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Classifying Dog Breeds Through Color Histograms

Identification of dog breeds is a difficult task. A truly robust breed classification model requires a nuanced review of each dog in question, and can result in non-intuitive groupings. Take for instance, the Fédération Cynologique Internationale (FCI) classification of sheepdogs and cattle dogs to include German and Belgian shepherds, while excluding the Swiss Mountain Cattle dog (certainly unexpected!).

Having recently completed Harvard's CSCI S-109A Introduction to Data Science course, I had the opportunity to work alongside fellow classmates to develop a series of classification models for the identification of various dog breeds.

Stanford University has offered an image dataset containing photos of 120 breeds of dogs from around the world. While the dataset had been built for the task of fine-grained image categorization, it became quickly apparent that the incorporation of image processing techniques for pre-processing would be required to properly classify breeds. For instance, photos in this data set widely varied in dimensional size.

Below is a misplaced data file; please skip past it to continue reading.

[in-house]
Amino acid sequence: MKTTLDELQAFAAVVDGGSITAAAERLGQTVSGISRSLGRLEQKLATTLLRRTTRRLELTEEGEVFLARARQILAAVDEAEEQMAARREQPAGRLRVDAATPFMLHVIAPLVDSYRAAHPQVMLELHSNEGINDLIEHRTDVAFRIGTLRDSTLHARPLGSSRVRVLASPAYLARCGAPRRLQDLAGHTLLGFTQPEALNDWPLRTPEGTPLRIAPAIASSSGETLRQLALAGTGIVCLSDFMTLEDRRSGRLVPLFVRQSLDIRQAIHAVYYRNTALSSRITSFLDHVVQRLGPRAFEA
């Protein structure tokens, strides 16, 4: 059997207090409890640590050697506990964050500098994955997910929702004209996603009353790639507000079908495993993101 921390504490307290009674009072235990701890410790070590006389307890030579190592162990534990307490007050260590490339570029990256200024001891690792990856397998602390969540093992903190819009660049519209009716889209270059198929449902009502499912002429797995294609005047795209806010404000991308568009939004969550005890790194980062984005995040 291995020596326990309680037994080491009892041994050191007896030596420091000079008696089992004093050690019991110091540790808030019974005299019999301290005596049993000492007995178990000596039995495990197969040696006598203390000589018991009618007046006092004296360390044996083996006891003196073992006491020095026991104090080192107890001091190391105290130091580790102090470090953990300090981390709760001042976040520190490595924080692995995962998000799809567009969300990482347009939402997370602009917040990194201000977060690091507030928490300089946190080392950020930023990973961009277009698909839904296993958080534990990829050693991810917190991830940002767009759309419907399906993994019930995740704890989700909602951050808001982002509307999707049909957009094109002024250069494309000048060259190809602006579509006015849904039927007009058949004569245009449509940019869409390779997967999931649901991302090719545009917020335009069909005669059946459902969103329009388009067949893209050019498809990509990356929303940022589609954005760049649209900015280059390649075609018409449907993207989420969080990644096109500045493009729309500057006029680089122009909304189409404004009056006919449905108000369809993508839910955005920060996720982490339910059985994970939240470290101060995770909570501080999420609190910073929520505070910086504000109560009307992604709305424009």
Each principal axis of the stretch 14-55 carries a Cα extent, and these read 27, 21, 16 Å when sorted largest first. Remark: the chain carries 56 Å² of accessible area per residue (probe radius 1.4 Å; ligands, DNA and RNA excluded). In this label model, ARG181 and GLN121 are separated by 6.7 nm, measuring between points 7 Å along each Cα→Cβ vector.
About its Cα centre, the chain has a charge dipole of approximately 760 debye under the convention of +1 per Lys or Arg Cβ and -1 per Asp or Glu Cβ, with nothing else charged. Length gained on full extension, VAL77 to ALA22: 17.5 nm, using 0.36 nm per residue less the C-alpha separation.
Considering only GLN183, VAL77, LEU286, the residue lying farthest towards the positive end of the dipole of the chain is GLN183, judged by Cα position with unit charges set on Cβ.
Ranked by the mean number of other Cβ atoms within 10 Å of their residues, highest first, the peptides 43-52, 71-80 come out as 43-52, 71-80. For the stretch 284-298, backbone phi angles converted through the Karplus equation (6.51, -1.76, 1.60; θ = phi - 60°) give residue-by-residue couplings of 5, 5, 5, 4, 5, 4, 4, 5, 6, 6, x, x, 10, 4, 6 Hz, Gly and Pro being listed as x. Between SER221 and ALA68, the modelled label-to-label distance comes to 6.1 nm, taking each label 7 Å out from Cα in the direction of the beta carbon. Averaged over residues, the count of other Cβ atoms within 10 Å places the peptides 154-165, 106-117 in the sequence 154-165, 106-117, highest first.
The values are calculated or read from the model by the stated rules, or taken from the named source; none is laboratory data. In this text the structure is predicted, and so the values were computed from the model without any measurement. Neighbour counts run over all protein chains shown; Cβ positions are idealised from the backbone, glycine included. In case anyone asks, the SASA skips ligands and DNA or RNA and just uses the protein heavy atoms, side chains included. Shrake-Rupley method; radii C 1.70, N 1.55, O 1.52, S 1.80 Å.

In order to mitigate risk in successfully implementing a classification algorithm, our group's classification algorithm focused on the ability to distinguish between German Shepherd and Boston Bull breeds. When attempting to distinguish between these breeds by hand, one will quickly see their comparatively distinct visual qualities (for instance fur color). We ultimately opted for a suite of classification models based on material covered in class. Utilizing the K-Nearest Neighbors classifier, an AdaBoost Classification model, a Decision Tree and Random Forest classifier, and finally attempting a Logistic regression meta-model (based on the performance of all prior models).

The results from these classification models, our exploratory data analysis, and a further in depth literature review can be found at the following website.

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